The main reason why many might endeavor to seek out this middling revenge thriller from the directing duo who brought you Bushwick is unquestionably its distracting stunt casting of Kevin James. The perennial Adam Sandler underling has yet to challenge his acting prowess beyond the litany of loveable oafs that has sustained his career since his sitcom days and with good reason.
The bumbling bumpkins in the likes of Paul Blart and…others…have allowed the passable funnyman to sustain his career years past its expiration date. So when the soft-faced James shows up in Becky as the sadistic leader of a murderous Nazi gang, you can’t help but wonder why this was the role to finally make his dramatic debut.
The titular Becky (Lulu Wilson) is the classically troubled teenager, as her denim, shoplifting and slightly colored hair will clue you into. Her petty teen rebellion was emboldened by the loss of her mother to a cancer diagnosis and her father’s (Joel McHale) sudden decision to remarry and bring two new members into their family (Amanda Brugel and Isaiah Rockcliffe).
The vacation to their isolated luxury home in the sticks, where her father was meant to break the news of his marriage, is interrupted by the arrival of a band of recently escaped Nazi convicts (led by a baldheaded James with multiple Nazi tattoos crisscrossing his temple), who seek a key left on the property. How did it get there? What does it open? Why are James and his gang of rough-and-tumble white supremacists willing to murder everyone in their paths to get ahold of it? The film never really tells us.
When Becky becomes separated from the family, she dons a knitted fox toque and begins the massacre of the her Nazi terrorizers, disposing of them with such ease that you wonder where the tension was meant to come from. Outsmarting and out-murdering the supposed criminal mastermind in James (even taking his eye in a hilariously sub-par effect), the gravitas of this 15-year-old reaching this apparent breaking point and being capable of such acts of excessive violence is never drawn upon or set up in the script or Jonathan Milott and Cary Murnion’s direction. With little hesitation and little believability, Becky becomes a Rambo-like figure capable of toying with and torturing her pursuers who I will remind you are supposed to be hardened criminals.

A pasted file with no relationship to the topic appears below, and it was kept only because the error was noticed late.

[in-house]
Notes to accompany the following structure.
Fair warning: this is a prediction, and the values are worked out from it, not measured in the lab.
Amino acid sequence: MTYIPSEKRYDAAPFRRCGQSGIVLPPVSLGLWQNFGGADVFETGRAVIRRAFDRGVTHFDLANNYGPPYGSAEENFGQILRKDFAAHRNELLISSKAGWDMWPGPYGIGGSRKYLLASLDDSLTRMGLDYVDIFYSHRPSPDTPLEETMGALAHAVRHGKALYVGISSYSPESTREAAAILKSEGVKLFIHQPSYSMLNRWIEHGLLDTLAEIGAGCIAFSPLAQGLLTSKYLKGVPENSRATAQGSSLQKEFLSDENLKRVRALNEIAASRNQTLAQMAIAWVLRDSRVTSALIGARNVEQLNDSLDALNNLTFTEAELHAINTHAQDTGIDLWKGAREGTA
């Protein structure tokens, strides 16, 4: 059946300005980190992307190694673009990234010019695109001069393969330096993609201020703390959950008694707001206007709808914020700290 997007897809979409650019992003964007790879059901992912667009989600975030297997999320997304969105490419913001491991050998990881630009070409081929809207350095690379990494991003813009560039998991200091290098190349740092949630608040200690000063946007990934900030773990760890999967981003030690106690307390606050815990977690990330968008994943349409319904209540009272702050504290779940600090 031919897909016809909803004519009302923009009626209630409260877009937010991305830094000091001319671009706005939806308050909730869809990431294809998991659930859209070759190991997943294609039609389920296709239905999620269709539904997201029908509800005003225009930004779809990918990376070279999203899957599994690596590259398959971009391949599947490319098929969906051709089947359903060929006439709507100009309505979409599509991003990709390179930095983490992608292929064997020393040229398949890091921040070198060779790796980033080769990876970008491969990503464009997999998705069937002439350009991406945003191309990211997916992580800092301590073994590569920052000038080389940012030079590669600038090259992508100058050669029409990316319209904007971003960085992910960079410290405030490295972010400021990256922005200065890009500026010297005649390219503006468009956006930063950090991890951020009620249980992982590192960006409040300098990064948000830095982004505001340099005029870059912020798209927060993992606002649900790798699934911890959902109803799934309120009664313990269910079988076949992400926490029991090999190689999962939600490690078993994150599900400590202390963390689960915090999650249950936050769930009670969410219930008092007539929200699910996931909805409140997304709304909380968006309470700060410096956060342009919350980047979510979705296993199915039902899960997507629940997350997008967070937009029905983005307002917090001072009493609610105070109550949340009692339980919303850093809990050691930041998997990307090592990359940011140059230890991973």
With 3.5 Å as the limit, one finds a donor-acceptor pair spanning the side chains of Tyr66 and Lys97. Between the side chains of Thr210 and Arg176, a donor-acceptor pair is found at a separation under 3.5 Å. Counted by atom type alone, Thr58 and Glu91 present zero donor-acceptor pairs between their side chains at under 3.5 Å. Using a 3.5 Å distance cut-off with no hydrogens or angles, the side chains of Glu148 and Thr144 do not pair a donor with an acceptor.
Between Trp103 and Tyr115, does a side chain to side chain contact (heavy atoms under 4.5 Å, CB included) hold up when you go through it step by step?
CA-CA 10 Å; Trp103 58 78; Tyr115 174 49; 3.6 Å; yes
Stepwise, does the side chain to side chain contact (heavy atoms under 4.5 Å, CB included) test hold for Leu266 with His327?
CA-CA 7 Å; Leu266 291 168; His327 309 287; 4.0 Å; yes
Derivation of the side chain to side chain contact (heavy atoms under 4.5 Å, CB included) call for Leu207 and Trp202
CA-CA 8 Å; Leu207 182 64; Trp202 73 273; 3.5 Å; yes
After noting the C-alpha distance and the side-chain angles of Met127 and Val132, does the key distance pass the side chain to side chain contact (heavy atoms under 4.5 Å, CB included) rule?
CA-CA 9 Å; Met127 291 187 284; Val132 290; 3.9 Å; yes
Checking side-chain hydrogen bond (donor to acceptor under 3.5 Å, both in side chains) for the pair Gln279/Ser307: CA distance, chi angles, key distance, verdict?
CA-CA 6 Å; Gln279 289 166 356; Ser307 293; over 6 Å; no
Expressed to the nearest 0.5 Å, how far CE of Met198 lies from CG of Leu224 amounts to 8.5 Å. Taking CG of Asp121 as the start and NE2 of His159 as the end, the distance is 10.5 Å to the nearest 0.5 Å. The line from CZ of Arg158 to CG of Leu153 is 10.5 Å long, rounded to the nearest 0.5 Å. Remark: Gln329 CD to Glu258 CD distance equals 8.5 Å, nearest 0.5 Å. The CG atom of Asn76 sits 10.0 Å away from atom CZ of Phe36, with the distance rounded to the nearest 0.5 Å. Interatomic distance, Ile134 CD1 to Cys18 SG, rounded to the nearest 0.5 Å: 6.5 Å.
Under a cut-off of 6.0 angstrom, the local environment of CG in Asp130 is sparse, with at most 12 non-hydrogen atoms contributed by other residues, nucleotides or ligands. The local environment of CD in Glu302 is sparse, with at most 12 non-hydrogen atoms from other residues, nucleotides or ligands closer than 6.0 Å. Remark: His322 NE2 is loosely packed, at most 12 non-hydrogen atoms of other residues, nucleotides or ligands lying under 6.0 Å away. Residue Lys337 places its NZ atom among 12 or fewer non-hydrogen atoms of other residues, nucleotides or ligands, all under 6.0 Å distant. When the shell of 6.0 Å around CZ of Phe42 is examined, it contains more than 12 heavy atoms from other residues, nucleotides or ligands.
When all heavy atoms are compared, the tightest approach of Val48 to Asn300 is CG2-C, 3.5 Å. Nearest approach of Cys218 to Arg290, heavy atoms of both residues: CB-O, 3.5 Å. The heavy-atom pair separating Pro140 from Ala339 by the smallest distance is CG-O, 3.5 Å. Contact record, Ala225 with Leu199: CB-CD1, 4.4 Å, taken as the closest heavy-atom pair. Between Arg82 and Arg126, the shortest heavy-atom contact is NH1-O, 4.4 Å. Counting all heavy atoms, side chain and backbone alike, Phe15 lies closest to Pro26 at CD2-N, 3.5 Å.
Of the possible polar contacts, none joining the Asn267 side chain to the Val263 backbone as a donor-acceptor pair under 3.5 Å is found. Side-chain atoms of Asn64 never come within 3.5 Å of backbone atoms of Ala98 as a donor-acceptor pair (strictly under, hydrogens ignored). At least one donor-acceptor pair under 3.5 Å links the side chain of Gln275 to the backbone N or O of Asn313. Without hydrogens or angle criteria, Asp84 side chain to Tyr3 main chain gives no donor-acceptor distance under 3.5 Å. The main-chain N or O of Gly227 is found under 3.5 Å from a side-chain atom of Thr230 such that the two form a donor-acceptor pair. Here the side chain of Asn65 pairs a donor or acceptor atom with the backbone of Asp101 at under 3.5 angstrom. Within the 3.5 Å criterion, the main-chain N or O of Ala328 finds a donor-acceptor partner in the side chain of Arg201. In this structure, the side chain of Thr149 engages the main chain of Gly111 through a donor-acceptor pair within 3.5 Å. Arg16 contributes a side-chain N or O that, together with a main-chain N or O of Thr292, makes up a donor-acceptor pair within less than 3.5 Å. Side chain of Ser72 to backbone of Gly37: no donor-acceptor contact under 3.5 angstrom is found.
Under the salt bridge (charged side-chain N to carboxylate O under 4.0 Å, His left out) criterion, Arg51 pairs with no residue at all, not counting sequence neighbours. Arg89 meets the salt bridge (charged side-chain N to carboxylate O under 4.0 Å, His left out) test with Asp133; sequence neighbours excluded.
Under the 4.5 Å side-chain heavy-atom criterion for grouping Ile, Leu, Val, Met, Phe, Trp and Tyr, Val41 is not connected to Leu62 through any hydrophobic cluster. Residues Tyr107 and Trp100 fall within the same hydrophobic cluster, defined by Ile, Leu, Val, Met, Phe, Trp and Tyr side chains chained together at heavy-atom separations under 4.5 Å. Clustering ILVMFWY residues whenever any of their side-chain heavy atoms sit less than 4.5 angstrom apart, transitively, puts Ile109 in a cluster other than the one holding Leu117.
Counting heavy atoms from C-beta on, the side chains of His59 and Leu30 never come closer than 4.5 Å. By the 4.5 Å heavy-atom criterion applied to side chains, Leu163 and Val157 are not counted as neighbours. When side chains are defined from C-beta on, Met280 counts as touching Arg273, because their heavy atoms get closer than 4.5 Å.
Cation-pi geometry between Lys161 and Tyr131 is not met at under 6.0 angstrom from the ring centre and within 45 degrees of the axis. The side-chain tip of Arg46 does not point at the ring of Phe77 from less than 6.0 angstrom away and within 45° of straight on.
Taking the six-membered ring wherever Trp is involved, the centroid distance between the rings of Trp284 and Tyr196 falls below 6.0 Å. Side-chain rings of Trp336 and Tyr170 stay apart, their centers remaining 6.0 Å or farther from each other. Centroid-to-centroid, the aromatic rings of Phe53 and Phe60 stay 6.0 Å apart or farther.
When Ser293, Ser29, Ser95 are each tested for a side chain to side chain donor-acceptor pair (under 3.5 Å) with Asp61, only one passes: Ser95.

And yes there is James, whose role as Dominick the Nazi mastermind also never wades into the realm of believability. Even with him peppering his dialogue with curses and the occasional cheap monologue about racial purity, James as an actor is inherently soft spoken, making his attempts at being intimidating utterly ineffectual.
Even with the script’s noted use of the clichéd horror setup of being isolated in the wilderness and far removed from civilized society, James just cannot rise to the occasion of striking terror with this material, no matter how supposedly cruel his actions get. Equally unfortunate is his constantly being outsmarted by a child in what would play well as a premise for one of his upcoming Netflix-exclusive comedies (sans the Nazism and murder of course).
The distractive stunt casting and lackluster performances gets Becky off on the wrong foot, but that is far from the only problem. It’s script is cliché ridden; it’s tone is confused, and its pacing is uncomfortably fast tracked, making the sudden shifts to ultra violence all the more numbing. Honestly, the casting of James as the big-bad Nazi was rightfully the thing to publicize in this film, because otherwise it does not have a lot to offer.